SOILS Soil = mixture of mineral grains, organic material and pores spaces filled with variable amounts of air and water. Soil development = part of the process of erosion of rock :- soil is largely derived from weathering of rock (the physical disintegration and/or chemical decomposition of rock - usually weaker than rock - therefore more easily removed by erosional processes.
Soils are made of four components – mineral matter, organic matter, air and water. Air and water occupy pore spaces in the soil. The example above is fairly typical.
Soil Parent Materials. Residual soil = soil developed on underlying bedrock Transported soil = soil developed on unconsolidated deposits (sediment). Well-drained Poorly drained
Controls On Soil Characteristics The characteristics of soil depend on: parent material; climate; vegetation; slope, time. 1. Parent material: influences soil composition (e.g. shales produce a lot of clay; sandstone produces sandy soil) and physical properties of soil e.g. permeability/drainage (number, size and connectivity of pore spaces); shrink-swell potential (amount of expansive clay); cohesive strength (clay content - clayey soils are "sticky" - this aids cohesion). 2. Climate: influences type and rate of weathering, amount of water moving through and over the soil; type of vegetation. 3. Vegetation: influences organic content of soil, strength of soil (roots increase cohesion). 4. Slope: Steeper slopes -> accelerated erosion, if rate of erosion > rate of soil development -> thin or no soil. Soils on steeper slopes also have lower water contents (lower infiltration) -> less weathering, less vegetation. Soils in low-lying areas have higher water contents, more weathering, thicker soils, more vegetation. 5. Time: soils become more well-developed over time.
What is meant by a "well-developed" soil? A soil is more than a heap of rock fragments, organics, air and water thrown together; it has INTERNAL ORGANIZATION created by soil-forming processes: This soil is organized into distinct layers or horizons.
PEDOGENIC (SOIL-FORMING) PROCESSES: The most important soil-forming processes are vertical movements of soil materials which result in HORIZONATION or layering of the soil. These movements are caused by percolating soil water. 1. Organic activity: concentrated at the surface -> HUMUS (decayed organic material), which mixes in with the mineral soil. 2. Translocation: Downward movement of material due to percolating soil water (a) Leaching: removal of material in solution eg. iron and aluminum. Stable materials eg. silica (quartz) are more resistant to leaching therefore tend to remain in upper soil. (b) Lessivation: downward flushing of solid particles - mainly clay - through pore spaces in soil. Together, these processes are known as ELUVIATION and result in an upper eluviated horizon.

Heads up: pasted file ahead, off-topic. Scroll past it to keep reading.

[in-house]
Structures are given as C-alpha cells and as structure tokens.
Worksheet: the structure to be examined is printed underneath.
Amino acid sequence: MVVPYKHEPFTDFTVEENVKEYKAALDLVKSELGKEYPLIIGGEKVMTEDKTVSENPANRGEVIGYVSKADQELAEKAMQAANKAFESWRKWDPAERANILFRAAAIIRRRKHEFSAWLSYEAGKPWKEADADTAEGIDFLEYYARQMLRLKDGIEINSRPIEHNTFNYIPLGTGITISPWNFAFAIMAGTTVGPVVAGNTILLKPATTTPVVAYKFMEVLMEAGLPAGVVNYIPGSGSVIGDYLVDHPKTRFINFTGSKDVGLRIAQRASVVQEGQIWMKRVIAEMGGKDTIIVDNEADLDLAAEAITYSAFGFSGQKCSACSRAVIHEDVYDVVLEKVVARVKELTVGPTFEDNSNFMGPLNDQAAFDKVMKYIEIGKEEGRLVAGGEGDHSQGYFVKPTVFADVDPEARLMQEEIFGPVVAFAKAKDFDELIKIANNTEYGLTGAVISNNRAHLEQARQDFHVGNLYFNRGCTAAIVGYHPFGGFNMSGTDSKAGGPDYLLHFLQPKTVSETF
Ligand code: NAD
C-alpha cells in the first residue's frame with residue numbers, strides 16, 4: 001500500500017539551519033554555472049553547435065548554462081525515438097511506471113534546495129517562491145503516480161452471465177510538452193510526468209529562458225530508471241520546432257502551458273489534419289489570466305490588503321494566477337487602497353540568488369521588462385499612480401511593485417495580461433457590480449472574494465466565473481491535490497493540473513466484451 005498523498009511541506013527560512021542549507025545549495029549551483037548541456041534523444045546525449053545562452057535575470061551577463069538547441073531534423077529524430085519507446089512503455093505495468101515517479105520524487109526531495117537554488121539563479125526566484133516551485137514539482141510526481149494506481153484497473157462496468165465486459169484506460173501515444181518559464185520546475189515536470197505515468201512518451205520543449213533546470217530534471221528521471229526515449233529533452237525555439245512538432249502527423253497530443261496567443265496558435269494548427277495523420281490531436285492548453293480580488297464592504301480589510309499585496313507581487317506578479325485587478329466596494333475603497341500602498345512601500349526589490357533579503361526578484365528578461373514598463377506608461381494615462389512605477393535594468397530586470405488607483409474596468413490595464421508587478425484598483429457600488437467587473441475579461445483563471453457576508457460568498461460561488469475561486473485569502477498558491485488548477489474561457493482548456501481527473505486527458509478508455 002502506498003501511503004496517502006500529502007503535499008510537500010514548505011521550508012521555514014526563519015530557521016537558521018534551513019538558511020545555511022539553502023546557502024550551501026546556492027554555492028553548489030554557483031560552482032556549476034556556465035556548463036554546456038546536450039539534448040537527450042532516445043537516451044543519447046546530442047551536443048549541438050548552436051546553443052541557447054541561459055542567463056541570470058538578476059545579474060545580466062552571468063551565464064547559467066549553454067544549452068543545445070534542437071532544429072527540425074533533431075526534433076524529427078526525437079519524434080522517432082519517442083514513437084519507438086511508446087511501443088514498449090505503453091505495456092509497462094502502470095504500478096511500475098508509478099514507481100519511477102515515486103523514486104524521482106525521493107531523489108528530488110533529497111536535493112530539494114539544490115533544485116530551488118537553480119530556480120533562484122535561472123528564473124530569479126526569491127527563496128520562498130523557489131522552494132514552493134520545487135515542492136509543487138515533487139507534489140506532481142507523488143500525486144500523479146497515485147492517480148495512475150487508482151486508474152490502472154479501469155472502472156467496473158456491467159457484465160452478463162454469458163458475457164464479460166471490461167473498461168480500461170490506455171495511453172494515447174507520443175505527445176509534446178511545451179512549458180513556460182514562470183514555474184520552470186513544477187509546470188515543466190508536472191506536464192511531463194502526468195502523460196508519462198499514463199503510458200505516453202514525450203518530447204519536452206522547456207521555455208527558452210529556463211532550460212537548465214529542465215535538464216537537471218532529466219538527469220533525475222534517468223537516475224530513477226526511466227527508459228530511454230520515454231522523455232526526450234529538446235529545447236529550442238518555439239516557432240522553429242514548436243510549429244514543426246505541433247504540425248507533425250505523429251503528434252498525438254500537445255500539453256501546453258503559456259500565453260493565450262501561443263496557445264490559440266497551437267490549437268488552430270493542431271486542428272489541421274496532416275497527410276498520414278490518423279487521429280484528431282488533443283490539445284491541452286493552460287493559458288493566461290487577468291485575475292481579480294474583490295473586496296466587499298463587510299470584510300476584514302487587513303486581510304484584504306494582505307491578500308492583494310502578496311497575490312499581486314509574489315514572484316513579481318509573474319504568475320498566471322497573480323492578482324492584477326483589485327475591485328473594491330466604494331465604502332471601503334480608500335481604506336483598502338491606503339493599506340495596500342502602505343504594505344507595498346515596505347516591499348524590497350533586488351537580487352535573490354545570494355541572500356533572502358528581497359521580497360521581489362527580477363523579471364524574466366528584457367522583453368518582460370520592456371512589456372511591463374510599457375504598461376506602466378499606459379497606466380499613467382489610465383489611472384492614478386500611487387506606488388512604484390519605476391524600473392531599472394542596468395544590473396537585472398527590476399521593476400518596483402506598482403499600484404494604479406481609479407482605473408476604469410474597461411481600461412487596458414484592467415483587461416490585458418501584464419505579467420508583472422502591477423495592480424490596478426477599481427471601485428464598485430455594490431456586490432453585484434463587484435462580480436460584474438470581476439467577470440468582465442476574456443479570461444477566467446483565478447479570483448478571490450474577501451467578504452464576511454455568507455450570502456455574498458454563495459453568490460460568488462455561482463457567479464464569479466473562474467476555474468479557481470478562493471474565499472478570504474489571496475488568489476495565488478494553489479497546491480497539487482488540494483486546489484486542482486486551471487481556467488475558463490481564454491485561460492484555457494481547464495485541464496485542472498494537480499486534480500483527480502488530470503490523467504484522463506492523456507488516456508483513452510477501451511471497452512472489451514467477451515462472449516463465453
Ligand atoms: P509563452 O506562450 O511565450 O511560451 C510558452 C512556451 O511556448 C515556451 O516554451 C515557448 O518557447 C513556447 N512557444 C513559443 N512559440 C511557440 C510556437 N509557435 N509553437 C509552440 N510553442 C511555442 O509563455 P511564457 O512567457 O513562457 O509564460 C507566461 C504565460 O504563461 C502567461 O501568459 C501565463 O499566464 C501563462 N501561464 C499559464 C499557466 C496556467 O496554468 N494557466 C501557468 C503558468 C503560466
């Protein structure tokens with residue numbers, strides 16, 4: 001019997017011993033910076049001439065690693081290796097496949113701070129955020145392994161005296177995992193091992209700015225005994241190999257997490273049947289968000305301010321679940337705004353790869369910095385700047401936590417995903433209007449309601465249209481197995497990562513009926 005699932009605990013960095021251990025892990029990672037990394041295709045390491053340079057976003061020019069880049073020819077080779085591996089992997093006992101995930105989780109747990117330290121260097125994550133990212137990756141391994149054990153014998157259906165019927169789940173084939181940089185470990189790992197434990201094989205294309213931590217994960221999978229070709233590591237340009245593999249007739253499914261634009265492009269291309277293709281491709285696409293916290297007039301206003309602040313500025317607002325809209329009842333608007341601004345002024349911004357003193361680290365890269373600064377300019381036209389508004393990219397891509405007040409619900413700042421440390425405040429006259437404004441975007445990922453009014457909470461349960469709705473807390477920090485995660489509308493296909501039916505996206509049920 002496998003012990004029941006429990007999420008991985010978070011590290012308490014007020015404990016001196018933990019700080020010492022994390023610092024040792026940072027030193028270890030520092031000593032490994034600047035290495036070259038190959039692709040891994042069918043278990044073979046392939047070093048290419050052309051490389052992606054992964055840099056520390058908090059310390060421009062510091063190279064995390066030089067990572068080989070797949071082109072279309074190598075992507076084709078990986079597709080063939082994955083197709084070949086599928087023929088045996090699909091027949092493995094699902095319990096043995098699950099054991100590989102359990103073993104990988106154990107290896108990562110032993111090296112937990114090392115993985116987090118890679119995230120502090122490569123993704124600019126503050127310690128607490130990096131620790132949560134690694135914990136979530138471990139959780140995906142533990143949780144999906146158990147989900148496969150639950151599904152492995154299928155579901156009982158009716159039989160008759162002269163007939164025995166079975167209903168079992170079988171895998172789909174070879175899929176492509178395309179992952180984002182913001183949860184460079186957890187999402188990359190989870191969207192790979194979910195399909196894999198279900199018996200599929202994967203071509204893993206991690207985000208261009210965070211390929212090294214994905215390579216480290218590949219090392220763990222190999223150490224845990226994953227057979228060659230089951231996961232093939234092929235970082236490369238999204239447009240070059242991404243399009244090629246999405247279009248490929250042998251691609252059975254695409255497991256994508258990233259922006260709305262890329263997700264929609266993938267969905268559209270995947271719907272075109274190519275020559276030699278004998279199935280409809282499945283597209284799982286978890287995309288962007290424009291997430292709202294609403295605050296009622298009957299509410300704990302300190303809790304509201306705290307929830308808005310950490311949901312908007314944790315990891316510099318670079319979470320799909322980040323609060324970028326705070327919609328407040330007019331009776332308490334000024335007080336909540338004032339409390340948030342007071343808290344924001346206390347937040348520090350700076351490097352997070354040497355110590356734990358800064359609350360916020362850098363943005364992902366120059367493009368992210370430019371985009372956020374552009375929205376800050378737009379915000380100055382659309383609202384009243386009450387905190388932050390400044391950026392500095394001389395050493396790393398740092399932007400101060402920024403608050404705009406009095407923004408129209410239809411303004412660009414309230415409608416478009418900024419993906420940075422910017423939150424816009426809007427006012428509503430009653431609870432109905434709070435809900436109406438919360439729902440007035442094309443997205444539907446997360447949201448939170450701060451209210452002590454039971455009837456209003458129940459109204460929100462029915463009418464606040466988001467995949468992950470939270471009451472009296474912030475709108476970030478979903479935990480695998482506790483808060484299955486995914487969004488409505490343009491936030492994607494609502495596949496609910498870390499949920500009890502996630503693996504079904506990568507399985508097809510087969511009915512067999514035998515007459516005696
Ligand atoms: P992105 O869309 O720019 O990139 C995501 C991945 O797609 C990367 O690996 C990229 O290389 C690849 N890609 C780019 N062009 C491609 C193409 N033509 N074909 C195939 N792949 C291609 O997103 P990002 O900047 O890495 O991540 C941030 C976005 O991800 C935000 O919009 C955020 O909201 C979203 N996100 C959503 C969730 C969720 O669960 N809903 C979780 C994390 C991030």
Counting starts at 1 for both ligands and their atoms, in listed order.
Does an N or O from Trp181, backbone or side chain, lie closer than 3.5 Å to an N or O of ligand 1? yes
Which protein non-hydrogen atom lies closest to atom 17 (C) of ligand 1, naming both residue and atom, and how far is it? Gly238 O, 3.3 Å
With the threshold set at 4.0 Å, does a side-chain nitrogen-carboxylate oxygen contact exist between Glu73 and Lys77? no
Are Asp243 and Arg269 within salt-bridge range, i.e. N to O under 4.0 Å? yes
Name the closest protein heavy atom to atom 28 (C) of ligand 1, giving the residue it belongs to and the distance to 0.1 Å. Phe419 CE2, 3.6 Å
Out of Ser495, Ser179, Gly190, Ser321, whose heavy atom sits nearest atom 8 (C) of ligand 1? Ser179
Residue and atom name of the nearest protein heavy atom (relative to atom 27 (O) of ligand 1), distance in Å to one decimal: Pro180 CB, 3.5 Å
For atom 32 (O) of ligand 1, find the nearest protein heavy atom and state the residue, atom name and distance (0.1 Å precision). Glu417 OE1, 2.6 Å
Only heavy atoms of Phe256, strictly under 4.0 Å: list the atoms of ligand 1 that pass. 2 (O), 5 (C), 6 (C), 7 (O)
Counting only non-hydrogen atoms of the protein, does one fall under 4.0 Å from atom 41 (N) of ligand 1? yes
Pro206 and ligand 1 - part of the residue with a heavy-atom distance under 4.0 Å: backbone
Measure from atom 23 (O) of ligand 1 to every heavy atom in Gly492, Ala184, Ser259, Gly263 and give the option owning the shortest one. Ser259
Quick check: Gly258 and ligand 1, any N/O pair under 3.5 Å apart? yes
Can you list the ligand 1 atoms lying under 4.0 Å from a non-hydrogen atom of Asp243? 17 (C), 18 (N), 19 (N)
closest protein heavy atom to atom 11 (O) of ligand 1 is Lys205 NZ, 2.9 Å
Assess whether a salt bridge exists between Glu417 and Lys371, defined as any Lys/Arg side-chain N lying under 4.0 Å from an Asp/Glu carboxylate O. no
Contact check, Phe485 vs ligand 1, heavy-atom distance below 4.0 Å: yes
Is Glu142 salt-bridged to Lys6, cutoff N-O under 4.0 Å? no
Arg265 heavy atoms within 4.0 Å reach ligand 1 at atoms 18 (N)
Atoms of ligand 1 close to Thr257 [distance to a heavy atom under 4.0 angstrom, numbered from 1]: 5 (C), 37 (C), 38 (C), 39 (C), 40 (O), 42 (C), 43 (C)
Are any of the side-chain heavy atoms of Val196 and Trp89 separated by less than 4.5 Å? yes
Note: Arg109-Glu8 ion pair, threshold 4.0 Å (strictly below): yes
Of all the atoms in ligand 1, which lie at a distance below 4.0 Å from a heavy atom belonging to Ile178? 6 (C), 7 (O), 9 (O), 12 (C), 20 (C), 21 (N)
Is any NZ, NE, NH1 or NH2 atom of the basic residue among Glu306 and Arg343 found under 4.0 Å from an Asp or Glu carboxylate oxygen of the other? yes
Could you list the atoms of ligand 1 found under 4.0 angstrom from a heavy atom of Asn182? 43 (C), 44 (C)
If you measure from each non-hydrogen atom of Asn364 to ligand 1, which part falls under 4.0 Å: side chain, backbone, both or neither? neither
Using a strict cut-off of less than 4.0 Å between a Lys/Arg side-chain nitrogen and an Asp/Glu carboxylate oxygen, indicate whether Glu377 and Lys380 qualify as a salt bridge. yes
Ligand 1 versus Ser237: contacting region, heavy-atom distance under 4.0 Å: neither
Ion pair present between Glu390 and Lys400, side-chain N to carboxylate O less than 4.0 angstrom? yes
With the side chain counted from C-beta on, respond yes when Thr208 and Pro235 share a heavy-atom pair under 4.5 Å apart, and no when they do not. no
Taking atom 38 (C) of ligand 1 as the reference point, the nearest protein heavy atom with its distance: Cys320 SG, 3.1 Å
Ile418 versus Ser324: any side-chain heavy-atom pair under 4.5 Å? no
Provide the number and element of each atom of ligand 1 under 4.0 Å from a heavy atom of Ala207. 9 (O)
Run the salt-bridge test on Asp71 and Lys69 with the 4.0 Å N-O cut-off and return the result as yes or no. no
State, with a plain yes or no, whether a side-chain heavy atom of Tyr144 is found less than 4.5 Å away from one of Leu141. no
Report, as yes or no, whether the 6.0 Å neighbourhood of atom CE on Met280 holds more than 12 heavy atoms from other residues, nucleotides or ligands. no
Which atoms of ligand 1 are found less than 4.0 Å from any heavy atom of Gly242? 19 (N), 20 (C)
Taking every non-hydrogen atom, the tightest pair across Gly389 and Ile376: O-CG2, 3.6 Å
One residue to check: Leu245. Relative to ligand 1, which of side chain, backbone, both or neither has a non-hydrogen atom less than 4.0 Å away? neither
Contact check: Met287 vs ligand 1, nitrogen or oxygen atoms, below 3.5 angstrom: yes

Some of the eluviated material may be deposited further down in the soil i.e. accumulation of clay particles; precipitation of iron and aluminum oxides - these processes are known as ILLUVIATION and result in a lower illuviated horizon. The effect of the above is the formation of a soil profile:
O horizon: accumulation of organic matter at the surface (becomes more decomposed with depth forming humus (black)). A horizon: mixture of rock/mineral fragments and organic material. E horizon: This horizon is subject to LEACHING - material is removed in solution by acidic soil water and fine particles (clays) are flushed down through the soil. This results in a porous, low density horizon, rich in resistant minerals e.g silica (quartz) (Note: the A and E horizons are sometimes combined into a single A horizon). B horizon: material removed from the upper soil accumulates here resulting in a clay-rich, fe and al oxides-rich, dense, orange/yellow colored B horizon. C horizon: weathered parent material (regolith). R horizon: unweathered parent material.
Soils in the DFW Region: Four major rock outcrops run through the DFW region: 1. Paluxy sandstone in the west.2. A mixture of limestones, clays (shales) and marls running through Cooke County, western Denton County and western Tarrant County.3. Woodbine sandstone running through central Denton County and eastern Tarrant County.4. Eagle Ford Shale, Austin Chalk (a type of limestone) and Taylor Marl running through Dallas County.
Oak woodlands have developed on the sandy soils of the Paluxy and Woodbine sandstones. Alfisols (from Aluminum Al and Iron Fe) are found in these areas. These soils usually have a thin sandy to loamy surface layer and a clayey to loamy subsoil. The thin sandy soils are readily eroded by surface run-off. Leaching of the surface layer has produced iron and aluminum oxides, giving these soils a "rusty" color. The drier climate in the west supports mainly dwarfed post oaks and short grasses (on the Paluxy sandstone). Larger trees and a mixture of short and tall grasses are supported by the wetter climate in the east (on the Woodbine sandstone).
Mollisols (from the Latin mollis - soft) have developed on the limestones, clays and marls lying between the Paluxy and Woodbine sandstones. These are calcareous (calcium-carbonate-rich) clayey soils that support a mixture of tall and short grasslands, under the fairly dry conditions. These soils have a dark, organic-rich surface layer due to large inputs of organic material from the dense grass cover.
Mainly deep calcareous clayey soils have developed on the shales, limestones and marls in the east of the region. These are Vertisols (from invert - to turn over), characterized by expansive clay that swells in the wet season and shrinks and cracks in the dry season. These movements cause vertical mixing of the soil (literally "turning the soil over"). The slightly wetter conditions in the east support mainly tall grasslands.
Expansive clay soils (vertisols) cause a lot of damage to structures in the DFW area – particularly slab foundations of single family dwellings (houses) and pipe breaks.